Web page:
To pray for what? On the call to prayer from Swedish mosques

American Thinker:

Sounding the Sharia in Sweden

Cynthia Yacowar-Sweeney

Calls to summon Muslims to prayer were broadcast over loudspeakers for the first time ever in Sweden this past Friday on April 26th at the Fittja Mosque in the Stockholm municipality of Botkyrka.  The Islamic call to prayer (adhan), resonating from the towering 104-foot (32-meter) minaret, began with the ear-shattering “Allahu Akbar” (Allah is Great) and was followed by the Shahada, the Muslim declaration of faith: “There is no God but Allah, and Muhammad is the messenger of Allah”.  Every Friday, people from as far as two kilometers away will be subjected to hear what U.S. President Obama called “one of the prettiest sounds on earth”.

This is what Swedes in the Stockholm municipality of Botkyrka will have to get used to, now that the decision rendered by the Botkyrka Municipal Assembly and authorized by the Botkyrka Police to approve the public call to worship, has taken effect.  Whether or not Swedes find it offensive, loud, or disruptive, they have no choice but to listen every Friday to the live three-to-five-minute amplified recitation of the Muslim declaration of faith that calls the people to come together and pray.To pray for what?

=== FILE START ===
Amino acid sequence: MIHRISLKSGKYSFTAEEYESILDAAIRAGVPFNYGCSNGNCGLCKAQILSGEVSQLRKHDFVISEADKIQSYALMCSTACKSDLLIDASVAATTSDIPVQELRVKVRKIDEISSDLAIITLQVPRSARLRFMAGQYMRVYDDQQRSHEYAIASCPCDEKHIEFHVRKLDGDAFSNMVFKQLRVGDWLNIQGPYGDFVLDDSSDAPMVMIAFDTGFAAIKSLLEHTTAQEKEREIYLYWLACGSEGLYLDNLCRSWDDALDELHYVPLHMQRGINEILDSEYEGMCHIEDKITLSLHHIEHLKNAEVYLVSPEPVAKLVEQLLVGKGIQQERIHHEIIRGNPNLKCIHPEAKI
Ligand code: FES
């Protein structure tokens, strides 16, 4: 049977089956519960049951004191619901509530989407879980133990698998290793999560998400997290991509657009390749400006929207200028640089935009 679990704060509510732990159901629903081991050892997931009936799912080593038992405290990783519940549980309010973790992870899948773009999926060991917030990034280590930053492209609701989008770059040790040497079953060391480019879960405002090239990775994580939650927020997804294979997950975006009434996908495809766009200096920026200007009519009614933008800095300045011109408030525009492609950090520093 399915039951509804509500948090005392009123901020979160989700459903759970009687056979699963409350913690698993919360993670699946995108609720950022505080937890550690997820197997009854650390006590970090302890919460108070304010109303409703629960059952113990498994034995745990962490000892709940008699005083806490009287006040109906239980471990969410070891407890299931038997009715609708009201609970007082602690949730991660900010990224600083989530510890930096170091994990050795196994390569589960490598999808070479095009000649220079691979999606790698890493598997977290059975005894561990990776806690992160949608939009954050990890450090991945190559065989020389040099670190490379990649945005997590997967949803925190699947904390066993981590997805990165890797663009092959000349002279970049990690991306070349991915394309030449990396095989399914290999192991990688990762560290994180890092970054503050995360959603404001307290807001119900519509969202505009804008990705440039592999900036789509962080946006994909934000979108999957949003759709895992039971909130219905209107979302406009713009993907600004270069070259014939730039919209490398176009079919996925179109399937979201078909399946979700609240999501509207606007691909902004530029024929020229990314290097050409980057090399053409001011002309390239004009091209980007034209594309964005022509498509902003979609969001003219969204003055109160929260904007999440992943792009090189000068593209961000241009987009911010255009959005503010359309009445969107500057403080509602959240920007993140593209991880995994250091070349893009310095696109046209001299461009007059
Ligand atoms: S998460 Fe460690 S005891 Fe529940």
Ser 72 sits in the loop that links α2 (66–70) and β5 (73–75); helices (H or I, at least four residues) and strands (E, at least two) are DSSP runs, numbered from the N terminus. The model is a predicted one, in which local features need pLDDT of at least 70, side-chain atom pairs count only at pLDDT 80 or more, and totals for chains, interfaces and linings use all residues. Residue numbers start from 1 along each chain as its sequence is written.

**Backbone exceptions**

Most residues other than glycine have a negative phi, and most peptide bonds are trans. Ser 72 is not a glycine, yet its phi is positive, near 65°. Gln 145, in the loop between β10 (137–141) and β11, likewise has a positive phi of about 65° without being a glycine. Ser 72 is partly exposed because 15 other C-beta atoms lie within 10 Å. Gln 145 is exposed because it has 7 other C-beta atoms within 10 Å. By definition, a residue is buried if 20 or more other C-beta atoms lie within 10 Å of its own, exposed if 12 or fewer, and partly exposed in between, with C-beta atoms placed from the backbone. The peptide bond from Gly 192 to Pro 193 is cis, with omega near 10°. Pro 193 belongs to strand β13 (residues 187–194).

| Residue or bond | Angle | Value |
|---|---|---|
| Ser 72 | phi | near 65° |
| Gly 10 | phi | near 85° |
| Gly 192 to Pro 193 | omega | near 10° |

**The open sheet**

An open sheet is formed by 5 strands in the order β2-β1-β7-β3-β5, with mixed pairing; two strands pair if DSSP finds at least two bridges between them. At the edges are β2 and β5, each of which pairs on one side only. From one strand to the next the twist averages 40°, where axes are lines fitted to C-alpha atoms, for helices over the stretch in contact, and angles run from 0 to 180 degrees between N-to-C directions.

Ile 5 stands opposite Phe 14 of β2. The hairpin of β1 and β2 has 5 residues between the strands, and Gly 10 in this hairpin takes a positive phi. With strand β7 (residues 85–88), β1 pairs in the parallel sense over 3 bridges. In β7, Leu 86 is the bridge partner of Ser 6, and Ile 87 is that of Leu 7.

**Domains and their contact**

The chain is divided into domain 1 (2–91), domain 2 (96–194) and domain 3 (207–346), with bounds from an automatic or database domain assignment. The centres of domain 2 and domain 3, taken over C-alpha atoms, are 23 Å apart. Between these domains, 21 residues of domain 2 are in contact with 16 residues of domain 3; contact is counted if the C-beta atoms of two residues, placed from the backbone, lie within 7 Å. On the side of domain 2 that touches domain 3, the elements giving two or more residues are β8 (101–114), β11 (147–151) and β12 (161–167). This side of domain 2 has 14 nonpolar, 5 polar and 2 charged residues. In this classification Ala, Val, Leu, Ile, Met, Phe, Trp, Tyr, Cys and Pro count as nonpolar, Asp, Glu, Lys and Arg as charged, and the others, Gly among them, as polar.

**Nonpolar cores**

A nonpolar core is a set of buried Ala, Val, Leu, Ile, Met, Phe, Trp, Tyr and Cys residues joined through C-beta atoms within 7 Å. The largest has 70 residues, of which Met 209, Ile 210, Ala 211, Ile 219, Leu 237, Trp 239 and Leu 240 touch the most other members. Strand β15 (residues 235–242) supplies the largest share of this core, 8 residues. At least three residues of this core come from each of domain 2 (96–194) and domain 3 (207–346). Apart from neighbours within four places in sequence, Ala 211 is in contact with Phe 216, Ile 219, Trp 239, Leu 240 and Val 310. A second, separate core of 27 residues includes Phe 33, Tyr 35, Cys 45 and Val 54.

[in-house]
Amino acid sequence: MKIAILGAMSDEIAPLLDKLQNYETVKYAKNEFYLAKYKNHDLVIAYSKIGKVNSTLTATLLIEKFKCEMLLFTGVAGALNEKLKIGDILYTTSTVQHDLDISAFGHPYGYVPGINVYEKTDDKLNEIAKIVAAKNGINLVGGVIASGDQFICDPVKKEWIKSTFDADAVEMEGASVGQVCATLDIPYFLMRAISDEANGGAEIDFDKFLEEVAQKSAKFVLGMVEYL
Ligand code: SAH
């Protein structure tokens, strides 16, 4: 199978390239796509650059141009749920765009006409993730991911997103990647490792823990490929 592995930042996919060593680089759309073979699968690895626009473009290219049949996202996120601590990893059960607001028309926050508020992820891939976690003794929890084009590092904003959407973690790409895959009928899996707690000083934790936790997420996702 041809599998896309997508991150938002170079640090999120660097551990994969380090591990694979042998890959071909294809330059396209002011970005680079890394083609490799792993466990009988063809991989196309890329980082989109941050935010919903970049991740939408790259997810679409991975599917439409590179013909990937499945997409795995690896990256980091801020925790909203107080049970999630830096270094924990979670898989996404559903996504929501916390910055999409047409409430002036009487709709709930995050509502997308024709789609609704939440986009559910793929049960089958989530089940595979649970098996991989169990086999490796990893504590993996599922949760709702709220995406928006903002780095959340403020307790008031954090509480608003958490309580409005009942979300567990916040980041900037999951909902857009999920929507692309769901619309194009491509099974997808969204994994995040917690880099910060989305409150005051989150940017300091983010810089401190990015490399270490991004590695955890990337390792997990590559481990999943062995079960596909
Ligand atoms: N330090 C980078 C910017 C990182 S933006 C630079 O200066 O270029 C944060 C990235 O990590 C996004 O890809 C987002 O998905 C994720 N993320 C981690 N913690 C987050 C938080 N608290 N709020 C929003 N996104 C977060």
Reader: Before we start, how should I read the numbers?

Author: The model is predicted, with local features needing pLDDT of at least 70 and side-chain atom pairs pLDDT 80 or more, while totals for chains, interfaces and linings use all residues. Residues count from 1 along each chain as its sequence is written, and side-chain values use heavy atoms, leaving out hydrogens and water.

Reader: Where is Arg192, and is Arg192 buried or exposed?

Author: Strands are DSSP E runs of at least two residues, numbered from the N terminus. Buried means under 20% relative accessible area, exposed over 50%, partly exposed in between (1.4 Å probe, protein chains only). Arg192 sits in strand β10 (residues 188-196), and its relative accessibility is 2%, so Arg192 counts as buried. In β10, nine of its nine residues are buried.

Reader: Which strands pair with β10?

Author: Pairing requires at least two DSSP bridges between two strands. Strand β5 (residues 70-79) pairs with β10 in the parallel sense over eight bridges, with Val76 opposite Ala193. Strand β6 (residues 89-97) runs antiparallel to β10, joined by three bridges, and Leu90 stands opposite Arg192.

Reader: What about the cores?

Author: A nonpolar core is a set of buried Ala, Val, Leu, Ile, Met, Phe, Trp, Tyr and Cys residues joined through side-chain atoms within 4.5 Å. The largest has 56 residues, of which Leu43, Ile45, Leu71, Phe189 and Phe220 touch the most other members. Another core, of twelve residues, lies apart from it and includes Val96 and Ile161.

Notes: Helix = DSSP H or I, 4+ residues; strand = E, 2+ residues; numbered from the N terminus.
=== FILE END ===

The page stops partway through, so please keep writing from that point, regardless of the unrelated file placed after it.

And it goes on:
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About Eeyore

Canadian artist and counter-jihad and freedom of speech activist as well as devout Schrödinger's catholic

One Reply to “To pray for what? On the call to prayer from Swedish mosques”

  1. Perhaps it is appropriate that the first Swedish city to do this is Stockholm, cause it seems the whole country has the Stockholm syndrome.

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